Summering Abroad with the Hunter Family
In this summer exhibit we highlight why and how Victorians traveled and what they chose to bring home to commemorate those travels. The Hunter Family traveled extensively, so we are very lucky to have a number of unique items on display!
You might be wondering why travel was so important for the Victorians. By the time the Hunters moved into this home, the world had witnessed the rise of technologies that made both leisure time and advanced communication and travel possible. Railways, ocean liners, and even automobiles made travel easy, affordable, and convenient from the mid-nineteenth century to the early twentieth century.
Some Victorians chose to travel simply for leisure, others did so with more social purposes, such as securing an overseas marriage or displaying their wealth. Some women even chose to travel for political and religious reasons. Women throughout the nineteenth century are documented as traveling as missionaries to exotic places like the Middle East, Asia, and Africa. Some women, particularly those who considered themselves scholarly, traveled to solidify their places as researchers and scientists. Many studied botany, astronomy, and other sciences, which were primarily reserved for men at that time. Travel allowed women a sense of autonomy and independence they were not always granted in the states.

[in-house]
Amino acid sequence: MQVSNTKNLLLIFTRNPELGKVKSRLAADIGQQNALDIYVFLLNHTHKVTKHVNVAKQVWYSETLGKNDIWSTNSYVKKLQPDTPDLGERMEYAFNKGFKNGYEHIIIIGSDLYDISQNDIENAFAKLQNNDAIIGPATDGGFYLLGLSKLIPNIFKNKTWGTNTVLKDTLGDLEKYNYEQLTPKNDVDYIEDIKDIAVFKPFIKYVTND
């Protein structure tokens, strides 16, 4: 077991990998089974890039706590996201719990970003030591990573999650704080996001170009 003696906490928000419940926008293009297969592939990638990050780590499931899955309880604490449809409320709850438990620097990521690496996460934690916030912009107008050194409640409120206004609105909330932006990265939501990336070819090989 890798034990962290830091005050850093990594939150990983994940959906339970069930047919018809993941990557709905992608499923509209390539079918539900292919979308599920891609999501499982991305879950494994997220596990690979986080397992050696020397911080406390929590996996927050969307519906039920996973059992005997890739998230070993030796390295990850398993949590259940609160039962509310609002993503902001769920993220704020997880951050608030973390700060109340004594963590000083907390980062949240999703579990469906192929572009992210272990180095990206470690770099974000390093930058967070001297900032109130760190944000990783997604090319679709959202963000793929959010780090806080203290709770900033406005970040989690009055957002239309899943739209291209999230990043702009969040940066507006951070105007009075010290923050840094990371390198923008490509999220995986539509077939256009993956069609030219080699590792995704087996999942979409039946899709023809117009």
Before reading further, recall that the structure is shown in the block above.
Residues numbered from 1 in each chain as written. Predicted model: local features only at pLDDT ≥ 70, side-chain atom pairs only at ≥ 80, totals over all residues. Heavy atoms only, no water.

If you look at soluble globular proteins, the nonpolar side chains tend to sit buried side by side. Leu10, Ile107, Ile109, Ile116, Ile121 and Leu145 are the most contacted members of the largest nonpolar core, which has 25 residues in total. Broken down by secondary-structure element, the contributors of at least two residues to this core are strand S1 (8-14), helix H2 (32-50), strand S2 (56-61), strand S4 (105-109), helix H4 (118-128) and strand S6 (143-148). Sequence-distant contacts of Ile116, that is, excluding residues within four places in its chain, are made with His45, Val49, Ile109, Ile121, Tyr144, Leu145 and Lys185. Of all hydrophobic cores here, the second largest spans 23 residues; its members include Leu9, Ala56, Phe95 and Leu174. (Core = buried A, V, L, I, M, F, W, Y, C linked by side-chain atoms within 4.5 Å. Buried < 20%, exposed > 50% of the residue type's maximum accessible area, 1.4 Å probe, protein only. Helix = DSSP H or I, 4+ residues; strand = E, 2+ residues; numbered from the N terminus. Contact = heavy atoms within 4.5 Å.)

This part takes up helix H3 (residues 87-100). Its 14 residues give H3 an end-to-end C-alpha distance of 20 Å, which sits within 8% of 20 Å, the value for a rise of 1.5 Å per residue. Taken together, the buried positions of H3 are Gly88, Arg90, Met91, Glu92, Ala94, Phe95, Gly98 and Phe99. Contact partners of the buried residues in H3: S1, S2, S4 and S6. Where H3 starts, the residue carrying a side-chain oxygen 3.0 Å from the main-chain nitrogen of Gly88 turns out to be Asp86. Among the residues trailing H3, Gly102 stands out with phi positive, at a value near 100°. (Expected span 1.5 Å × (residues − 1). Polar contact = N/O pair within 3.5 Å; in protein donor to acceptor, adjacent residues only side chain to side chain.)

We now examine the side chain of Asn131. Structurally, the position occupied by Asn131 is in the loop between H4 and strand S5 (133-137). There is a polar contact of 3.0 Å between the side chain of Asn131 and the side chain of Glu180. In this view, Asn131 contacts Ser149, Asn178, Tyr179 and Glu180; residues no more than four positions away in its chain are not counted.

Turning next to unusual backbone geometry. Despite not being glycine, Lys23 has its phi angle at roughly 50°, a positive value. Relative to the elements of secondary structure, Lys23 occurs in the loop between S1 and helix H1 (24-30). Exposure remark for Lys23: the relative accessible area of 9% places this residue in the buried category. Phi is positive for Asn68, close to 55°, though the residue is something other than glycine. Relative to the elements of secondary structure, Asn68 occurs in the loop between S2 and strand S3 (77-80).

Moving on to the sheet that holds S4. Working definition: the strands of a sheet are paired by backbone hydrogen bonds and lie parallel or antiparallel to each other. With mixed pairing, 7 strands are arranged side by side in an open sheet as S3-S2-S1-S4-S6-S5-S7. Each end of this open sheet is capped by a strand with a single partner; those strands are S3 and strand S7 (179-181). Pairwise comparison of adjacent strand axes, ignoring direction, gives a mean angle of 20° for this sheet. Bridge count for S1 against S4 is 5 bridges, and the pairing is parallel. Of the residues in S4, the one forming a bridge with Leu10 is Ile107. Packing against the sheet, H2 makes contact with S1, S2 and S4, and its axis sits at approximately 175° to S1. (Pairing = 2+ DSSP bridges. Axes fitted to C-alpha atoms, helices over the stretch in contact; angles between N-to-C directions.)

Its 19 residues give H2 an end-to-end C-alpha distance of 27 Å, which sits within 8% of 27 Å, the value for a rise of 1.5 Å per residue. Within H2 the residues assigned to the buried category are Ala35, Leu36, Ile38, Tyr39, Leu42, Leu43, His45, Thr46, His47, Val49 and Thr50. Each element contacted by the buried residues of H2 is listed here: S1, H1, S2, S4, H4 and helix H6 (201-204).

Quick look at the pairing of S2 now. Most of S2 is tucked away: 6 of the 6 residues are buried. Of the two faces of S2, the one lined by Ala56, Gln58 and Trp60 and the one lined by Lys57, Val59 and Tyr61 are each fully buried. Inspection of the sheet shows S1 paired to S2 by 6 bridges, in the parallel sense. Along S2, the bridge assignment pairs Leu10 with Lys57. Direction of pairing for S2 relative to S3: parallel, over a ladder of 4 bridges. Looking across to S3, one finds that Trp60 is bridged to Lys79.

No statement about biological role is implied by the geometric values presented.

Men likewise travelled for business, sometimes in search of investments. They occasionally turned these business trips into family vacations by including their wives and children. Families took vacations that ranged in price and experience- everything from a seaside afternoon to a month in Tibet. With the rise of labor laws and restrictions, the working class began to have time off and weekends to spend with their families, which they would use for leisure time and travel. Travel was something that could be enjoyed by everyone. It was one of the few common factors of all people at the turn of the century.
Now, people loved to bring home souvenirs from their travels, which you will also see throughout the home. The Hunters were fond of attending world’s fairs and expositions as well. They also left us some of their travel documentation, such as Eloise’s passport, a much larger document than the ones we have today! Eloise was the youngest child of three and the last one to live in this home. She and her sister and brother, along with their parents, all lived in this home until they died. None of the siblings ever married or had children of their own, so when Eloise passed away in 1965 she left the home to be made into a museum with all of their furnishings and belongings. We are really excited for you to be able to experience just a fraction of our usually stored collection of items dealing with travel.